Thursday, November 21, 2013


Author:  Kimberly Raye
Plot Type:  Chick-Lit Paranormal Romance (CH)     
Ratings:  Violence-3; Sensuality-4; Humor-4+ 
Publisher and Titles:  Montlake Romance
          The Devil's in the Details (10/2013)
          The Devil Made Me Do It (TBA)

      The star of the series is Jezebel (Jess) Damon, a reformed succubus who is trying to lead a human lifeone that is devoid of the erotic escapades so common in her past. For the past two years, Jess has been on the sexual wagon, so to speak, trying to remain celibate until she meets "the One"the man of her dreams. In the meantime, she is pursuing a career as a highly successful wedding planner in Houston, Texas.

     What makes Jess different from the ordinary demon on the street is that she is demon royaltythe daughter of Lillith and the granddaughter of Satan himself. Lillith's demonic sisters (Jess's aunts) are Levita (aka Leviathan); Lucy (aka Lucifer); and Bella (aka Belial). Jess also has 36 female cousins, all with demonically devious personalities. When this family talks about going Down Under, they're definitely not talking about traveling to Australia!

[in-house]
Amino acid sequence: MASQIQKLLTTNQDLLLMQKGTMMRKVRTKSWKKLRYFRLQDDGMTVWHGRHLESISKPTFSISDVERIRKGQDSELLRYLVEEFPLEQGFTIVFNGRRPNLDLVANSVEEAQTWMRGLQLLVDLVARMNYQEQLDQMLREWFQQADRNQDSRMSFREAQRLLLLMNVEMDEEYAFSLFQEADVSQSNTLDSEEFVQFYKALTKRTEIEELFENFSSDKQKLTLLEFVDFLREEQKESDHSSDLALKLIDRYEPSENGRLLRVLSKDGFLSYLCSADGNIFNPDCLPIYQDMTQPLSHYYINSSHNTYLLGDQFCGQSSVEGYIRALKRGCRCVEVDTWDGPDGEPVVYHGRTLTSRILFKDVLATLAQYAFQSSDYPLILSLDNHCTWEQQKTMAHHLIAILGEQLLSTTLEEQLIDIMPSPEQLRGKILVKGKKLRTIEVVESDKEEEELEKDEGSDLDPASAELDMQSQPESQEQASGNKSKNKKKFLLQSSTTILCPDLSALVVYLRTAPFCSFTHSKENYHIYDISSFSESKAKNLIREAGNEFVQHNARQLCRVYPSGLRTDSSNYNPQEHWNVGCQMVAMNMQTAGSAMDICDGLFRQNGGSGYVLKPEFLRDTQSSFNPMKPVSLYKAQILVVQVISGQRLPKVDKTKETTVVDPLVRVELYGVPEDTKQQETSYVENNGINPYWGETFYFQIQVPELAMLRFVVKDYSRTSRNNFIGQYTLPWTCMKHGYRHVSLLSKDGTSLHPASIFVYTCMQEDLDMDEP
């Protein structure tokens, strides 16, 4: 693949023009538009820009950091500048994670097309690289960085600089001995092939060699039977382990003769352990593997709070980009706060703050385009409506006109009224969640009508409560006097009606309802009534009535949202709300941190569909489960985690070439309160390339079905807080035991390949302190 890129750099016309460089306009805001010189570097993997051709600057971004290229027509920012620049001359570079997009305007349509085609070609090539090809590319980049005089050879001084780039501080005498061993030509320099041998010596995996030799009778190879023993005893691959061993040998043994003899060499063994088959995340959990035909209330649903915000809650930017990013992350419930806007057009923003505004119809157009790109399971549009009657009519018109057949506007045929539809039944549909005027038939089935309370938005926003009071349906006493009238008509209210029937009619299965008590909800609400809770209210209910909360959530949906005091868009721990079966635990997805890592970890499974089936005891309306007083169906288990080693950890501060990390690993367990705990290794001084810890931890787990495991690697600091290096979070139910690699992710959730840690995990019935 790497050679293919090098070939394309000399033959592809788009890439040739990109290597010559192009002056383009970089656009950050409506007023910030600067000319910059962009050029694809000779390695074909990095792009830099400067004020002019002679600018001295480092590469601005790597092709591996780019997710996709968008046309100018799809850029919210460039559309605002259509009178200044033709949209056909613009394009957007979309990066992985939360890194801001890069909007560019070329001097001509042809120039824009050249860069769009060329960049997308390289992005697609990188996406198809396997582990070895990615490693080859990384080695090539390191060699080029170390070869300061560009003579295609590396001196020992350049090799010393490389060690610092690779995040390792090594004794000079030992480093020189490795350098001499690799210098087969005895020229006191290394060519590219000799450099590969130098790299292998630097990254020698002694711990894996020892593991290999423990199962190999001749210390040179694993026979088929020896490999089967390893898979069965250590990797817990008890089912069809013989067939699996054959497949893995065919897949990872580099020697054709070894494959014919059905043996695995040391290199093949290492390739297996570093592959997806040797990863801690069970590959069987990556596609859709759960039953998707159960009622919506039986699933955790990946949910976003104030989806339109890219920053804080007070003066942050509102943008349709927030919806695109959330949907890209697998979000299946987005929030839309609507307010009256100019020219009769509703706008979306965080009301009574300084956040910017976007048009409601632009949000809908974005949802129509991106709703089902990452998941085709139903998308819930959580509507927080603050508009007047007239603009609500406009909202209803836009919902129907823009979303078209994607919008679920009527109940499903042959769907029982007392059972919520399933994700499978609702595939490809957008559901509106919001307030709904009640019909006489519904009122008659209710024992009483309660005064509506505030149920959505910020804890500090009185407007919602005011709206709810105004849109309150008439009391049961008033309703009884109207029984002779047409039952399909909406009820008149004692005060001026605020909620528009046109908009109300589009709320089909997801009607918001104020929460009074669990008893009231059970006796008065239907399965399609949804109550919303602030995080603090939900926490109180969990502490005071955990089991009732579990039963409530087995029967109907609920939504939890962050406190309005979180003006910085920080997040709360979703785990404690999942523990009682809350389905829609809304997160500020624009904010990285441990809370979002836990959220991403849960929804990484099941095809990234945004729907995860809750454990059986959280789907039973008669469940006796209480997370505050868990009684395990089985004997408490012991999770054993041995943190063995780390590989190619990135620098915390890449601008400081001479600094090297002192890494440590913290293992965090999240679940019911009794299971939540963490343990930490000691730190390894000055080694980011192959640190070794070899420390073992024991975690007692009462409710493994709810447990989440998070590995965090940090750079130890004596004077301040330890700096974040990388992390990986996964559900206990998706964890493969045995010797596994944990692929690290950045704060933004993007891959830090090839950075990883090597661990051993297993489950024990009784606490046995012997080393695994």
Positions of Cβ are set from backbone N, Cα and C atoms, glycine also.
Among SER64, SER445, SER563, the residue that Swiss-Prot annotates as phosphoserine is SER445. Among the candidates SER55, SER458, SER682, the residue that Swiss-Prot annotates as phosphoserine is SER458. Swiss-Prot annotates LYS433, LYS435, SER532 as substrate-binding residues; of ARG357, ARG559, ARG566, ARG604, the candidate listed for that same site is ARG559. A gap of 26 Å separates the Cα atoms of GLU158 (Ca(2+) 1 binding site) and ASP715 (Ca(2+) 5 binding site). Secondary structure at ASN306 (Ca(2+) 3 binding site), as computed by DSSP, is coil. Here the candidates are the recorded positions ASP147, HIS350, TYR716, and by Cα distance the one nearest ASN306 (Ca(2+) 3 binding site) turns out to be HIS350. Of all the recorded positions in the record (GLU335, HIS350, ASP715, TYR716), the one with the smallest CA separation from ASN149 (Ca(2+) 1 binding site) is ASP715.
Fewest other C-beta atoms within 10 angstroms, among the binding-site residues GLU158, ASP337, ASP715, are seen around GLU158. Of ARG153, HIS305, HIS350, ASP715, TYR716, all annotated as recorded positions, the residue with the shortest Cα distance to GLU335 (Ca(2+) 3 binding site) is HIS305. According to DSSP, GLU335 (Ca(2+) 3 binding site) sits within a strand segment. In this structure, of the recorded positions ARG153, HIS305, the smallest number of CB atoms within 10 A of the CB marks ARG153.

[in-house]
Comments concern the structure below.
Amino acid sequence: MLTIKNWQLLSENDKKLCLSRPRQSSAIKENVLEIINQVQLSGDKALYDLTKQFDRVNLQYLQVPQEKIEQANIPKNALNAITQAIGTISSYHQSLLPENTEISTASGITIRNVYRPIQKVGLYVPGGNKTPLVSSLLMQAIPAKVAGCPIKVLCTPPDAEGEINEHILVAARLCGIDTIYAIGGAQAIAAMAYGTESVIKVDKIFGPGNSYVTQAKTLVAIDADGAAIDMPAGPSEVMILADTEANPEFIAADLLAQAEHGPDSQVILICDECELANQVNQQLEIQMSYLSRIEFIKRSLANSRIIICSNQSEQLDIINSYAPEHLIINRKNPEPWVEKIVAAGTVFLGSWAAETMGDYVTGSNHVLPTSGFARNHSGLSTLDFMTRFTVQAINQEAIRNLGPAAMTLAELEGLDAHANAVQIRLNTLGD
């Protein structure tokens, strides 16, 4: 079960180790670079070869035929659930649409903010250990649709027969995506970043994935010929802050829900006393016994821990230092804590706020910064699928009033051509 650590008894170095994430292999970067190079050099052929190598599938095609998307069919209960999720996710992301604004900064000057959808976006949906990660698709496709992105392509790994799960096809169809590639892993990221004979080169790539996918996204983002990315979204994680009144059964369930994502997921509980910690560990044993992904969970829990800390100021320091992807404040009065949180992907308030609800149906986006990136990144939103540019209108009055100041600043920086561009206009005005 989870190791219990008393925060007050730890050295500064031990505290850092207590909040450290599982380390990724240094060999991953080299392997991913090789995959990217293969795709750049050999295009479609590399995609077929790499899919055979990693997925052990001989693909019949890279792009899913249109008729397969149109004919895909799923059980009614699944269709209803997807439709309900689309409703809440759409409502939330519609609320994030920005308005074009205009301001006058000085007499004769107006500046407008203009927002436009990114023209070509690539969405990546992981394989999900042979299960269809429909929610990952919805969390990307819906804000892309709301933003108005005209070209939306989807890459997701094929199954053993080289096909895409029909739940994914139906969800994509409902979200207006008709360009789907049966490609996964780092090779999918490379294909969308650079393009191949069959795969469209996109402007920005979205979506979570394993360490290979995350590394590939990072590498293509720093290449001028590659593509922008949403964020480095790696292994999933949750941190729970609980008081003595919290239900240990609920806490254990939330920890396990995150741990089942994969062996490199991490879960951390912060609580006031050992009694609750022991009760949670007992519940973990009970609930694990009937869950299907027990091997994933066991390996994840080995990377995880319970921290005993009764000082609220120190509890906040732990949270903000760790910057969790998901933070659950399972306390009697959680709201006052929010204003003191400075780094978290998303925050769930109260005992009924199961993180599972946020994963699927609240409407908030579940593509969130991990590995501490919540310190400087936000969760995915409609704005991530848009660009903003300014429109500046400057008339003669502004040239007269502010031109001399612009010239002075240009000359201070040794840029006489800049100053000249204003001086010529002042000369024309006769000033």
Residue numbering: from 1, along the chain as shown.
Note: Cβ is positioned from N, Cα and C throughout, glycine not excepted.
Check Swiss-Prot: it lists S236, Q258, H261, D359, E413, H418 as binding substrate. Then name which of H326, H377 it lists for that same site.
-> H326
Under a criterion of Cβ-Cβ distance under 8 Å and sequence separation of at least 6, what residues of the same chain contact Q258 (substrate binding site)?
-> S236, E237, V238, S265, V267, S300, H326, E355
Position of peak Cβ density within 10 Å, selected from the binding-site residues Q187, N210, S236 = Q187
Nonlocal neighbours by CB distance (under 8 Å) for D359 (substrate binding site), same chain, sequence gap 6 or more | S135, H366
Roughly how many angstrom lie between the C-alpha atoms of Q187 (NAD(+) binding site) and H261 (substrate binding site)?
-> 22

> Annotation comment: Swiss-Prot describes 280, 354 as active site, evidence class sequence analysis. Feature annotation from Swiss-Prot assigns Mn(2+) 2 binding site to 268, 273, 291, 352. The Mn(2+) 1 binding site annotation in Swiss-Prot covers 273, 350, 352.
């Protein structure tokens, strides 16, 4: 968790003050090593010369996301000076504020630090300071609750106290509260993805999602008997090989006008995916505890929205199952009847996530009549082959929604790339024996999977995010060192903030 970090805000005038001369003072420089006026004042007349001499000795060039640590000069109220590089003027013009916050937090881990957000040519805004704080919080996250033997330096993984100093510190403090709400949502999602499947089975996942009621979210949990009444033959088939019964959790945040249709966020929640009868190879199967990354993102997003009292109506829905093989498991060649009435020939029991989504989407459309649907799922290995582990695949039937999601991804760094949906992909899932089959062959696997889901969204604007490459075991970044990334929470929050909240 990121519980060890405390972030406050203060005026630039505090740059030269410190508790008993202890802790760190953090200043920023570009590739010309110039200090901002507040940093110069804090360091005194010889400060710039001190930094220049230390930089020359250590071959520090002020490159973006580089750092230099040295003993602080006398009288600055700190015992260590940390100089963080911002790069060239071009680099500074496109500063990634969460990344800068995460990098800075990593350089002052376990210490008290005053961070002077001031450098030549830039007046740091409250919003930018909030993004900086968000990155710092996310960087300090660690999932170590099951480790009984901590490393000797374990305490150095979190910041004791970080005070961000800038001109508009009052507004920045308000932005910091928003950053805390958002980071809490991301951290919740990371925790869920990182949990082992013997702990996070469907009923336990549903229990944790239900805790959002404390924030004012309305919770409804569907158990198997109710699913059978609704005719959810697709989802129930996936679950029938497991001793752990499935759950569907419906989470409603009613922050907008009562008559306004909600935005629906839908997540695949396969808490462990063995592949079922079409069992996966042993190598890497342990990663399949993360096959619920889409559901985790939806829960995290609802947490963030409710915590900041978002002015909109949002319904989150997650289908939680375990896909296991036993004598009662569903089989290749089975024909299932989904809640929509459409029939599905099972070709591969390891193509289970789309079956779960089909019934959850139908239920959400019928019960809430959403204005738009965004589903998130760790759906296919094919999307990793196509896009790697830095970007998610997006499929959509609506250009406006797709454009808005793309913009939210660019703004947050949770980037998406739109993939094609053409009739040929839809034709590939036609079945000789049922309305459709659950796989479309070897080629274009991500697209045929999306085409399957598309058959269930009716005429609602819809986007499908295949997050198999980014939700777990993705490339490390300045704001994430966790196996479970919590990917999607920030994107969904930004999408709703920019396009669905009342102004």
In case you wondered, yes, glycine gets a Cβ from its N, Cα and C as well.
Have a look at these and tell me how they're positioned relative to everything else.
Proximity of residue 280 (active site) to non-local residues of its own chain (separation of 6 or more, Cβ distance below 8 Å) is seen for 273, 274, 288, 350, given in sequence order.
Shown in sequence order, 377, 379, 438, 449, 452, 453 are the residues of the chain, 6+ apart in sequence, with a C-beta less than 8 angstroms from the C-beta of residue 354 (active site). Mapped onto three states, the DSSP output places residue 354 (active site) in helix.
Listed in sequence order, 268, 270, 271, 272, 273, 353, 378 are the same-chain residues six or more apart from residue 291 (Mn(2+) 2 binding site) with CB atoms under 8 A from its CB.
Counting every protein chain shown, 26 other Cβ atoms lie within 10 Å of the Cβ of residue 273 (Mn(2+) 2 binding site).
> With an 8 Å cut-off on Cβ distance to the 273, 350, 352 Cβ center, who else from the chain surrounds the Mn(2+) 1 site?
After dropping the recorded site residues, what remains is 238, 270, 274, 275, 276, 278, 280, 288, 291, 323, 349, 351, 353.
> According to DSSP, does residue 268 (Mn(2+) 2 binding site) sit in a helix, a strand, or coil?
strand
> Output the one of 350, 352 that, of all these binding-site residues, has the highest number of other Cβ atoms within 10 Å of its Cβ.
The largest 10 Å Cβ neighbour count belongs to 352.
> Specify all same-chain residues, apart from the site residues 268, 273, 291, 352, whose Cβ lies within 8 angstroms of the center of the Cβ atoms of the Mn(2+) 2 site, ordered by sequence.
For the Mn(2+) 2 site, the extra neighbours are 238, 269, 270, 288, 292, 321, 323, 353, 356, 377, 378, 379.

BOOK 1:  The Devil's in the Details             

     As the first book opens, Jess is in the midst of planning an oft-postponed wedding for a spoiled rich brat. When Lillith pops in for a visit, Jess is a bit nervous, but when Mom announces that she is getting married and that Jess will be handling all of the arrangements, our girl is completely stressed out. The story takes place over the two-week period between Mom's original announcement and the actual wedding. During that time, a mysterious entity warns Jess to stop the wedding…or else.